At a camp of the Native Mounted Police the sergeant reported a trooper for beating his gin. "What you bin doing, Paddy?" asked the sub-inspector. "You bin hammer 'em Topsy?" Paddy, at the salute—"Yes, sir, please sir, me bin hammer 'em that fella. That fella too flash; me no bin hammer 'em all asame black-fella. Hammer 'em all asame white man, alonga strap." Considering the customary means a black adopts to correct the indiscretions of his spouse, Paddy's offence was judged far too trivial for punishment. Topsy, too, was quite vain that Paddy had chastised her with all dignity and indulgence of a white man.


Two ladies, who were wont to meet at infrequent intervals, spent the delightful morning in the settlement of arrears of gossip, while two black gins sat in the shade of a mango-tree, smoked incessantly and did nothing placidly. At dinner-time the latter began to chatter volubly, and the mistress of the house, in an outburst of vicarious energy, called from the verandah—"Come, Topsy—come, Rosey. You do nothing all day. You two fella talk all the time."

Rosey—"Yes; me fella yabber, yabber, plenty—all asame white woman."


The beliefs of blacks on the subject of "the otherwhere" seem to be varied and adjustable to individual likes and predilections. Some indeed have no faith whatever in statements as to existence following upon death. Others assert that a delightful country is reached after a long and pleasant journey, that there reunion with relatives and friends takes place, and happiness is in store for all, good and bad alike.

An intelligent boy was asked if after death all went along the same road to the aboriginal paradise. He was reminded that he was a good fellow, and that one of the members of the camp was notoriously a rogue.

"Mootee go along a you, all asame place? That fella no good. You good fella."

"Yes," he answered. "All one track me fella go. Good track—blenty tchugar-bag, blenty hegg, blenty wallaby, close up. You no wan' run about. Catch 'em blenty close up. Bi'mby me go long way. Me come more better country—blenty everything. Father belonga me sit down. He got two good young fella gins. My word, good one gins. He say—'Hello! you come up? You sit down here altogether. Two fella good gins belonga you!'"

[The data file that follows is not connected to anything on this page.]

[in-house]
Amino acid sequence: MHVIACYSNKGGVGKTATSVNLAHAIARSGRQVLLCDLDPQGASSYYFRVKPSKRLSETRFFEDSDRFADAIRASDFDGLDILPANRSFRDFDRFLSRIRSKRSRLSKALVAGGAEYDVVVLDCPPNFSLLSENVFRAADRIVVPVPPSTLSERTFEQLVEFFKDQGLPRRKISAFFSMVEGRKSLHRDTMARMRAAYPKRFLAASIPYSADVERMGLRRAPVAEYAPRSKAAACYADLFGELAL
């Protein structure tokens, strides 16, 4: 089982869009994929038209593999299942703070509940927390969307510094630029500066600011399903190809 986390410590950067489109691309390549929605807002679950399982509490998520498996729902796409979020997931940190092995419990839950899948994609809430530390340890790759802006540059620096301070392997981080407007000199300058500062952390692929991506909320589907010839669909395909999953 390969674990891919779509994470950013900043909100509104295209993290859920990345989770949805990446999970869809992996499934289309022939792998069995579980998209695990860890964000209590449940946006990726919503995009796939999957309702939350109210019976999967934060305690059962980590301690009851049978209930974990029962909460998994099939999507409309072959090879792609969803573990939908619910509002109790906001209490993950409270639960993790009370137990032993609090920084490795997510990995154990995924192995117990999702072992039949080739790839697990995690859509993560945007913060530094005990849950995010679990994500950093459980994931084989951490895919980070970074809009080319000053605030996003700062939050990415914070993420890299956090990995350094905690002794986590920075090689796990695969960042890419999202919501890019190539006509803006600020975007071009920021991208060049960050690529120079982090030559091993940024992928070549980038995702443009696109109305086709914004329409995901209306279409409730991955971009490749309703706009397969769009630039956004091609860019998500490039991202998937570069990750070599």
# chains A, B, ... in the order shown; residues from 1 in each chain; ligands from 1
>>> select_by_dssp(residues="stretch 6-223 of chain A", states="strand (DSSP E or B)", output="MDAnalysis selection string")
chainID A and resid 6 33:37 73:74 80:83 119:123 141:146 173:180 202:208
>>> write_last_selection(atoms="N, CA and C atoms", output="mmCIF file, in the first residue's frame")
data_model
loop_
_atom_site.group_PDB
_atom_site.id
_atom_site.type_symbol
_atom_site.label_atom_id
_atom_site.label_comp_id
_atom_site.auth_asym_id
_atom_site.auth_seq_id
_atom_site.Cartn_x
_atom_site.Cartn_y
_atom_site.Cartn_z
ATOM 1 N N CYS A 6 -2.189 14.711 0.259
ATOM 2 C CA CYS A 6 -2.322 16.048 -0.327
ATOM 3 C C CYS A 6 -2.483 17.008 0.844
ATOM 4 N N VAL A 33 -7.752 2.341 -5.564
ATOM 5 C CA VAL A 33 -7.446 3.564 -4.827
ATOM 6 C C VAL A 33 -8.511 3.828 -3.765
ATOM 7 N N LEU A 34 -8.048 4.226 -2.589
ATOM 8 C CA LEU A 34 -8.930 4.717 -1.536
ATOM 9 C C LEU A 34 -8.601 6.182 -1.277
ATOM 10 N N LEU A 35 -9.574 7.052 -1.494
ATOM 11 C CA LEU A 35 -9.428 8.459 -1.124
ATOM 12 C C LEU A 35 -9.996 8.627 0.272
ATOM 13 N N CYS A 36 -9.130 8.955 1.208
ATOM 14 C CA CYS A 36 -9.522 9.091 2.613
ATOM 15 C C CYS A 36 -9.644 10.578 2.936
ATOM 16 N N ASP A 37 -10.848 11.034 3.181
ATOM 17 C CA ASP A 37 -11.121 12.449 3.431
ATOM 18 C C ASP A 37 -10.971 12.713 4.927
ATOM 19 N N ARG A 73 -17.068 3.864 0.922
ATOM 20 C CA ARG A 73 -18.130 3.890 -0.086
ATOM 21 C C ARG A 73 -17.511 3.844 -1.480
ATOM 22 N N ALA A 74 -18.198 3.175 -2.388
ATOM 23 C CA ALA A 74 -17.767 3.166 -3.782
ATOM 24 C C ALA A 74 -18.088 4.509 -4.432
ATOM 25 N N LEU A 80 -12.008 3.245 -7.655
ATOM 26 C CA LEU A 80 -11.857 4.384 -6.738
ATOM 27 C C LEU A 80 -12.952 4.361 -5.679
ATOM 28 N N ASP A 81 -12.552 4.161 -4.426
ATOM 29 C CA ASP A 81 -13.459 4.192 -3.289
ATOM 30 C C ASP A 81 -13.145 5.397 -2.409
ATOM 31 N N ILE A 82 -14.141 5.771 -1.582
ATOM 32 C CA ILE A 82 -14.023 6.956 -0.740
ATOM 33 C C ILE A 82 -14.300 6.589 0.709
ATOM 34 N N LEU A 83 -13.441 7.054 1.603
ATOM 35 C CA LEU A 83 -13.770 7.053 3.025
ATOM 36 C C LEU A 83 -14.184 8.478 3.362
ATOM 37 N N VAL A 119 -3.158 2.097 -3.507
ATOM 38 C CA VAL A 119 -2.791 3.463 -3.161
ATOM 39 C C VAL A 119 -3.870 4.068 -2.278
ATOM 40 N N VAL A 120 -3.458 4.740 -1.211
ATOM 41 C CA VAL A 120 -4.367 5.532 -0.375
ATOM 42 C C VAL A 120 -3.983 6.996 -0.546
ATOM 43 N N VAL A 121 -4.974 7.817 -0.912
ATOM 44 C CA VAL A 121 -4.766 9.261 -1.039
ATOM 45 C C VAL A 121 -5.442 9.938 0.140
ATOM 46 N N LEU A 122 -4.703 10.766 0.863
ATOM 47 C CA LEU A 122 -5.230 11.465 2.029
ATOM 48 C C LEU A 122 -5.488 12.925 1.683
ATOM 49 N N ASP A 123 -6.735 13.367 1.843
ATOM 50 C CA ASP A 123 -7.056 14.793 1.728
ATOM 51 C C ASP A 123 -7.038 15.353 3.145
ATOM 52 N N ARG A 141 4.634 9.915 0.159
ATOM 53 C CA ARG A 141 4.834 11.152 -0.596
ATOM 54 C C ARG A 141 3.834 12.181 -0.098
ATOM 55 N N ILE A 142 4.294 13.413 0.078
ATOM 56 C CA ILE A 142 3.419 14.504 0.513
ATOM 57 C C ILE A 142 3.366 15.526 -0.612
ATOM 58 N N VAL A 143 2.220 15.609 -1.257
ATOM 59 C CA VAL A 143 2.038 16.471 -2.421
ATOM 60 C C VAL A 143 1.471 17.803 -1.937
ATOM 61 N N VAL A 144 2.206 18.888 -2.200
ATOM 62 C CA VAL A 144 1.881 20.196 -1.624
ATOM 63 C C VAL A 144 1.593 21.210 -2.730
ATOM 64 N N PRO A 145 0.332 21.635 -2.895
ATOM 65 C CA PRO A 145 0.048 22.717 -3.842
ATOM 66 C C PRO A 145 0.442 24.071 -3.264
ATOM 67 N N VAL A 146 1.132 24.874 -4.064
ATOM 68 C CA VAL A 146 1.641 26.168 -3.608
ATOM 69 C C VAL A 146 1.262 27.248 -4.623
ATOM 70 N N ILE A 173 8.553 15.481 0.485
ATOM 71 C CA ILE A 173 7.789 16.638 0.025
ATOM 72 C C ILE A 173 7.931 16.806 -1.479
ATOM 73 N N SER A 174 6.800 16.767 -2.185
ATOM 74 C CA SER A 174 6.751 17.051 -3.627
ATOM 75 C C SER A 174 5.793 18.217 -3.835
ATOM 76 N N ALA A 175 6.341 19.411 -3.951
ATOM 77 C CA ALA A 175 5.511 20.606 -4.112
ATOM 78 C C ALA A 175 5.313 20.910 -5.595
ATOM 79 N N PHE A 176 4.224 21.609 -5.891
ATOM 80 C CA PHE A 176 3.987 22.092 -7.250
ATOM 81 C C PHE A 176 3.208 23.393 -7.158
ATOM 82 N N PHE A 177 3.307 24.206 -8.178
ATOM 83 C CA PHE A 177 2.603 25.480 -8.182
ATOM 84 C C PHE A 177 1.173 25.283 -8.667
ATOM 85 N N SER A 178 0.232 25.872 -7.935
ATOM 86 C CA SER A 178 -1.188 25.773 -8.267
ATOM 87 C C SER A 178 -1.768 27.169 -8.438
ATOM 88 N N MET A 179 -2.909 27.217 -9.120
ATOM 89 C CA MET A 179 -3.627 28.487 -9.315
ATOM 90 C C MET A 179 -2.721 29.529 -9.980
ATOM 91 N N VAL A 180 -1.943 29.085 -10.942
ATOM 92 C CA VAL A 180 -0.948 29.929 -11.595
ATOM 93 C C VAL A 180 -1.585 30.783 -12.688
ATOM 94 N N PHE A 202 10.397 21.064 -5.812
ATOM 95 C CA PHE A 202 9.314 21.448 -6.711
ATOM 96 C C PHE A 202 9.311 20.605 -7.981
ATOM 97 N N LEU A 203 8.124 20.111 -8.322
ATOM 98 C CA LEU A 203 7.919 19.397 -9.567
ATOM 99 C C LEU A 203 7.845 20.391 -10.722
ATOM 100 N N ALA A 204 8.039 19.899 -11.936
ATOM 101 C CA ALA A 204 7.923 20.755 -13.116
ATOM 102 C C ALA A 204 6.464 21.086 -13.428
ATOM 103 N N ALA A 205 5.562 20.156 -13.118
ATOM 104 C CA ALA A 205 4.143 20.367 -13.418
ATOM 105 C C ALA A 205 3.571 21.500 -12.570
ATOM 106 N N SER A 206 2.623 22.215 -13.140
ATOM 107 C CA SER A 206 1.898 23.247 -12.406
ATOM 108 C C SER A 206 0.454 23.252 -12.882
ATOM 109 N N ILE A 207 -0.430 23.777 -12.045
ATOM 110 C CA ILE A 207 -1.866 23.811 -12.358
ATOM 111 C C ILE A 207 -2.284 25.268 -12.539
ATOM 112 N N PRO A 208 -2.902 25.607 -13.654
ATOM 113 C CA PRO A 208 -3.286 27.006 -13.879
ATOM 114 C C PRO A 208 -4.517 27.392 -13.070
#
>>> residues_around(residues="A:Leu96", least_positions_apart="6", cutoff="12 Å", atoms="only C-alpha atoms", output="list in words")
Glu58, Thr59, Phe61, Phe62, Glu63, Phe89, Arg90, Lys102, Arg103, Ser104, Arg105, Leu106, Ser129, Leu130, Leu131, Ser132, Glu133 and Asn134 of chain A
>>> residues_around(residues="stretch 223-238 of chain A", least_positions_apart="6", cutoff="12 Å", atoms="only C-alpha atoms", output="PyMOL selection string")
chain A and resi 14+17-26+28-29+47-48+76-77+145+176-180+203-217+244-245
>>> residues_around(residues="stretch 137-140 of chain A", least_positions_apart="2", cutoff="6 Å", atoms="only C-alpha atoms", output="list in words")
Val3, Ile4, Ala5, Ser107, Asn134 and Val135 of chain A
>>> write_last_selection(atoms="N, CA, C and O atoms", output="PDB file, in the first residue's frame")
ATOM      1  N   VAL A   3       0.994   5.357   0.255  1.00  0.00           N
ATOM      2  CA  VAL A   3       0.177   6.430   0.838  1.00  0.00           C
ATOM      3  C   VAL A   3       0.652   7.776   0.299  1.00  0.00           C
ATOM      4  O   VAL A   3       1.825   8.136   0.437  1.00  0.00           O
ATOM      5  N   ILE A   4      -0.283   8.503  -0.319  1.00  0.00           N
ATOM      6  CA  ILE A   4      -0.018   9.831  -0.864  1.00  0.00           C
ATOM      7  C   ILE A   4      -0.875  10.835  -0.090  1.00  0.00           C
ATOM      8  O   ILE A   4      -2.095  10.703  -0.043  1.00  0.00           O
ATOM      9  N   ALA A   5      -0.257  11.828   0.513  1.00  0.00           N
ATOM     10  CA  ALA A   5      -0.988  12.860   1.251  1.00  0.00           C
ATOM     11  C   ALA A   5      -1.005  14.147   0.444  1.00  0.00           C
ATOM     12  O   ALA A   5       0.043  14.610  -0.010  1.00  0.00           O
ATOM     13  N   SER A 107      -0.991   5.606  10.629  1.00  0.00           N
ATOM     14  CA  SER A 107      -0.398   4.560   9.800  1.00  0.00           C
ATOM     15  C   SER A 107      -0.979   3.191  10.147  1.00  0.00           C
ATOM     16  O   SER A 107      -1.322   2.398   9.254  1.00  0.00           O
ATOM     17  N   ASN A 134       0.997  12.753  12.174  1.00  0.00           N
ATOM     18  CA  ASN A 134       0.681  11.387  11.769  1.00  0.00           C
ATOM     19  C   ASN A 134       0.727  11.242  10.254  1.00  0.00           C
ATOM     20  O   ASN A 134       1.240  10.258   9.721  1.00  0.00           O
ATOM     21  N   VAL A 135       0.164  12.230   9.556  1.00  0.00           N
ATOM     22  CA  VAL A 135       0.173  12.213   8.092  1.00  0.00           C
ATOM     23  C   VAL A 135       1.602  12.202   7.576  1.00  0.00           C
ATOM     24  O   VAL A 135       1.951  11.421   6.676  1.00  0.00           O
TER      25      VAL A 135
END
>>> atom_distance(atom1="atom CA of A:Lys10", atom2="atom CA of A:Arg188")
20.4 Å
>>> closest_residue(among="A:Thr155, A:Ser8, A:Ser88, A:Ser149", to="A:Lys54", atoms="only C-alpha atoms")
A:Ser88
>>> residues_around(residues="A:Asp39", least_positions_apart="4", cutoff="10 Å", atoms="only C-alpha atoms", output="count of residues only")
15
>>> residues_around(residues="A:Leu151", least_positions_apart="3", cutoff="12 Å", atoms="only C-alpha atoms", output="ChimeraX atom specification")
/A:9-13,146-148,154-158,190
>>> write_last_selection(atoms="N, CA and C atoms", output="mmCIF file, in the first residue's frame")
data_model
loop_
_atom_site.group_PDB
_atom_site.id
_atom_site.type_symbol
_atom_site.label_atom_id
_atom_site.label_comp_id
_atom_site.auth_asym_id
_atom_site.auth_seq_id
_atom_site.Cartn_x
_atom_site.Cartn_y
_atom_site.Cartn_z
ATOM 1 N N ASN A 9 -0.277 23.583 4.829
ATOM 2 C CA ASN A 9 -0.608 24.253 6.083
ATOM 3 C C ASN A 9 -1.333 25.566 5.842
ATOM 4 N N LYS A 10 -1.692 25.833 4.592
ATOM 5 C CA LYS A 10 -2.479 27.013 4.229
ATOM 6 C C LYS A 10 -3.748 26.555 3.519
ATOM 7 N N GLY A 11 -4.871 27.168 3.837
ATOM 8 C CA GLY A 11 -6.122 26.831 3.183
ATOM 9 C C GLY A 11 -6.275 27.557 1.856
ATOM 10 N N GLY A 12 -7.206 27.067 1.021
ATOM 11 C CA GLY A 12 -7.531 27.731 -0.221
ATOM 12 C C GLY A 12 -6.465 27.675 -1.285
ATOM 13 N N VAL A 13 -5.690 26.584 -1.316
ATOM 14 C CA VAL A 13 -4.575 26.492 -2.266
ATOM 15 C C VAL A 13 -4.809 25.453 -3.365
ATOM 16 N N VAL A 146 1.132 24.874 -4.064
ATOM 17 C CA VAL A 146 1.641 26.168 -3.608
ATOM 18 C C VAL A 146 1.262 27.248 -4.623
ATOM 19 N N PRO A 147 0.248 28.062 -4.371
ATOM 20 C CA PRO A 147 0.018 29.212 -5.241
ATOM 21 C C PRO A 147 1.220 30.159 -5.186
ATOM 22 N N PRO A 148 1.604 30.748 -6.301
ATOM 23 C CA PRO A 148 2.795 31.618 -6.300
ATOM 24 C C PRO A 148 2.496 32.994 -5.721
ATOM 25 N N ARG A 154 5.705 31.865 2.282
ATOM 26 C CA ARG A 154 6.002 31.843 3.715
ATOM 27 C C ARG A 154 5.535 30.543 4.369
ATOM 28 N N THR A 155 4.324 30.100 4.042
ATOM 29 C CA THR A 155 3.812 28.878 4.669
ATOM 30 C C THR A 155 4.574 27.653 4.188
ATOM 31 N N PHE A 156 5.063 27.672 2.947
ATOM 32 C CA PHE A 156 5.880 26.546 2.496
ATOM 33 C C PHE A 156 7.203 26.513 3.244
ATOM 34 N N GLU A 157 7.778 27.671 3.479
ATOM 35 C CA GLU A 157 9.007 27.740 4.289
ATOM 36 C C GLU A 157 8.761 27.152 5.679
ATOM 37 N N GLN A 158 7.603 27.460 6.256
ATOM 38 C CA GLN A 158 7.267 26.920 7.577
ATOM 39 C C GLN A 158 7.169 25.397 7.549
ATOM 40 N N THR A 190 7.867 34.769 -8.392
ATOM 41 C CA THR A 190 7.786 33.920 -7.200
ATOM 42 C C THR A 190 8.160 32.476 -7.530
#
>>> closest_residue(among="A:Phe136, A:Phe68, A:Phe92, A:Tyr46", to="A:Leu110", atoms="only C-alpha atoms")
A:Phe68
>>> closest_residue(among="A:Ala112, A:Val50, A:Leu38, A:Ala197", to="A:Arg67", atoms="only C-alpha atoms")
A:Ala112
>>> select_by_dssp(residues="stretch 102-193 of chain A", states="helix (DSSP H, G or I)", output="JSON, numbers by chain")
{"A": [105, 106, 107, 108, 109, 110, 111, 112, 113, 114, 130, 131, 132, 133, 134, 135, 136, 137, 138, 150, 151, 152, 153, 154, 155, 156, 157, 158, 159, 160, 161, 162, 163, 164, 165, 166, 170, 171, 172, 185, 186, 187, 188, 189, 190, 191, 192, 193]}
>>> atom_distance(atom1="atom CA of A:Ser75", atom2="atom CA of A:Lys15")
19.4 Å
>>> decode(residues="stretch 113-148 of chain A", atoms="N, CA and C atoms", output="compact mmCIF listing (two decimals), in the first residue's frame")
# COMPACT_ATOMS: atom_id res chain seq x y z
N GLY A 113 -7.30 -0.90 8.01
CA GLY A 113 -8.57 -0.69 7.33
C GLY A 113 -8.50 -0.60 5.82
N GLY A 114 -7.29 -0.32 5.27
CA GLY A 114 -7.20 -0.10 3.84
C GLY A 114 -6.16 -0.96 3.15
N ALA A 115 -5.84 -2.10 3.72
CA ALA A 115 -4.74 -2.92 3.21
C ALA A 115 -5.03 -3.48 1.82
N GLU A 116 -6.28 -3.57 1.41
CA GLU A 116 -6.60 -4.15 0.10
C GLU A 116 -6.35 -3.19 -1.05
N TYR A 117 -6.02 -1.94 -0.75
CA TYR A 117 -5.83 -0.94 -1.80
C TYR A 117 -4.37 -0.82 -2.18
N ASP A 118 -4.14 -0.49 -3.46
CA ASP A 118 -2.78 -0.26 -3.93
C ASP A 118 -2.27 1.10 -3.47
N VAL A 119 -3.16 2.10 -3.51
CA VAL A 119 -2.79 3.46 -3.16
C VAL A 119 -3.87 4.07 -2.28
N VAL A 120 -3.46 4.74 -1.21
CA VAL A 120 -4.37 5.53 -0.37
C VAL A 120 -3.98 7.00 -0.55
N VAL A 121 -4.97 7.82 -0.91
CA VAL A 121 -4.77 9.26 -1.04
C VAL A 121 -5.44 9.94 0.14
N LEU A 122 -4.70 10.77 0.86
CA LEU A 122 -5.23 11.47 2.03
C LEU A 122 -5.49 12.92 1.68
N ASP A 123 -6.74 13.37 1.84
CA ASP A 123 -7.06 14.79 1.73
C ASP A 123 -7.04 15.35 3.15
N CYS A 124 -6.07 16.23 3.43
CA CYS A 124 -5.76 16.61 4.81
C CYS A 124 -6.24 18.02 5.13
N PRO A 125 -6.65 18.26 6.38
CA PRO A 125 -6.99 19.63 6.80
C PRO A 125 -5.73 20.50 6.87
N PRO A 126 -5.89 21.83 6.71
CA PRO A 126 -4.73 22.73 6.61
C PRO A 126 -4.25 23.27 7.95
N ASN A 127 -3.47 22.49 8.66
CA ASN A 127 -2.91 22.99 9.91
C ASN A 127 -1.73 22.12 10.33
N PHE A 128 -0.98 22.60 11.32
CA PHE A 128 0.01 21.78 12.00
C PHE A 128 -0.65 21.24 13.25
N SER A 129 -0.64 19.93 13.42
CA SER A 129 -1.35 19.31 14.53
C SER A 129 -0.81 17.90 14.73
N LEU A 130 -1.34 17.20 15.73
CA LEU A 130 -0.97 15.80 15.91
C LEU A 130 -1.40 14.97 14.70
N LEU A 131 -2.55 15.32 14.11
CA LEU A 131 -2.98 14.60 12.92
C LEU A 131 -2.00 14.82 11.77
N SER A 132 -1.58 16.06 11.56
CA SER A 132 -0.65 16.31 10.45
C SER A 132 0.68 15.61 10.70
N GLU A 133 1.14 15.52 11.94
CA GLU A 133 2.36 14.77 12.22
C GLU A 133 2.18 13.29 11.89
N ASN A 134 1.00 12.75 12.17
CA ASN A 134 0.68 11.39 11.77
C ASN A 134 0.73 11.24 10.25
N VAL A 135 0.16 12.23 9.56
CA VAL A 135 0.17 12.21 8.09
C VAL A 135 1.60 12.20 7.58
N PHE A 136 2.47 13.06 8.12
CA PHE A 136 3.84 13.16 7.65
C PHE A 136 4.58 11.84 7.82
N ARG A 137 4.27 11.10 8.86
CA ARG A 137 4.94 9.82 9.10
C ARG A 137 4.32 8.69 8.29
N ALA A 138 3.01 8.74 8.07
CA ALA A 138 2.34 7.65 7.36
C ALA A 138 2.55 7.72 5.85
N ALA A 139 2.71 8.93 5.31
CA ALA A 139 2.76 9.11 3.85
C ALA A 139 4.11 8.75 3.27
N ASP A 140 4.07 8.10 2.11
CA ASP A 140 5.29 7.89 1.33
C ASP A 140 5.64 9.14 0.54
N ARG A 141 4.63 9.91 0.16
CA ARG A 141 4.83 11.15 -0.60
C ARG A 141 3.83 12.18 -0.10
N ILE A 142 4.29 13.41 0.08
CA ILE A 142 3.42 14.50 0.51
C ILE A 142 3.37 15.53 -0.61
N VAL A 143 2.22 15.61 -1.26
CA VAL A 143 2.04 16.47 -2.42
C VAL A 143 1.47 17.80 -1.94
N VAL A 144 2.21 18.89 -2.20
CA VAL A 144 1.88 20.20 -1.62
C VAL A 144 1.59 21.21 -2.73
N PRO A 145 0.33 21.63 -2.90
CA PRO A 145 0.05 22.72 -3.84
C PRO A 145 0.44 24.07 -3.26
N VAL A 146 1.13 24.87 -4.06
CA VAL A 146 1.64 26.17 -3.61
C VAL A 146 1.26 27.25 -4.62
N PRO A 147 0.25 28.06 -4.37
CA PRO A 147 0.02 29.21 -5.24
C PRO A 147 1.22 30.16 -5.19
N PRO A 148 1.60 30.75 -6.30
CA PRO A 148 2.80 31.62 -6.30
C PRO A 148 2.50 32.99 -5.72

This was paradise!



"I would admonish the world that all persons, indifferently, are not fit for this sort of diversion."

Whereas the average town-dweller could not endure the commonplaces of Nature which entertain me, rouse my wonder, enliven my imagination, and gratify my inmost thoughts, so his pursuits are to me devoid of purpose, insipid, dismally unsatisfactory. To one whose everyday admission (apology if you like) is that he is not as other men are—fond of society and of society's occupations, pastimes, refinements, and (pardon) illusions—the unsoiled jungle is more desirable than all the prim parks and clipped gardens; all this amplitude of time and space than the one "crowded hour." Here I came to my birthright a heritage of nothing save the most glorious of all possessions: freedom—freedom beyond the dreams of most men in its comprehensiveness and exactitude. These few haphazard notes refer to the exercise of rare independence. They cannot be otherwise than trivial and dull, but they at least fulfil the purpose to which I was pledged. They reveal my puny efforts to be none other than myself. So tranquil, so uniform are our days, that but for the diary—the civilised substitute for the notched stick—count of them might be lost. And this extorts yet another confession. One year, Good Friday passed, and Easter-time had progressed to the joyful Monday, ere cognisance of the season came. Speedy is the descent to the automaton. A mechanical mis-entry in the diary threw all the orderly days of the week into a whirling jumble. We knew not Wednesday from Thursday, nor Thursday from Friday, though we calculated and checked notes of the transactions and traits of successive days. To what purpose was the effort to memorise one day from another when all were precisely alike in colour and uneventfulness? Each day had been blue—radiantly blue—nothing more. And the entries in the diary set at naught dogmatic assertions of disproof. But the steamer cuts a deep weekly notch. We jolted into it and became harmonised once more with the rigid calendar of the workaday world.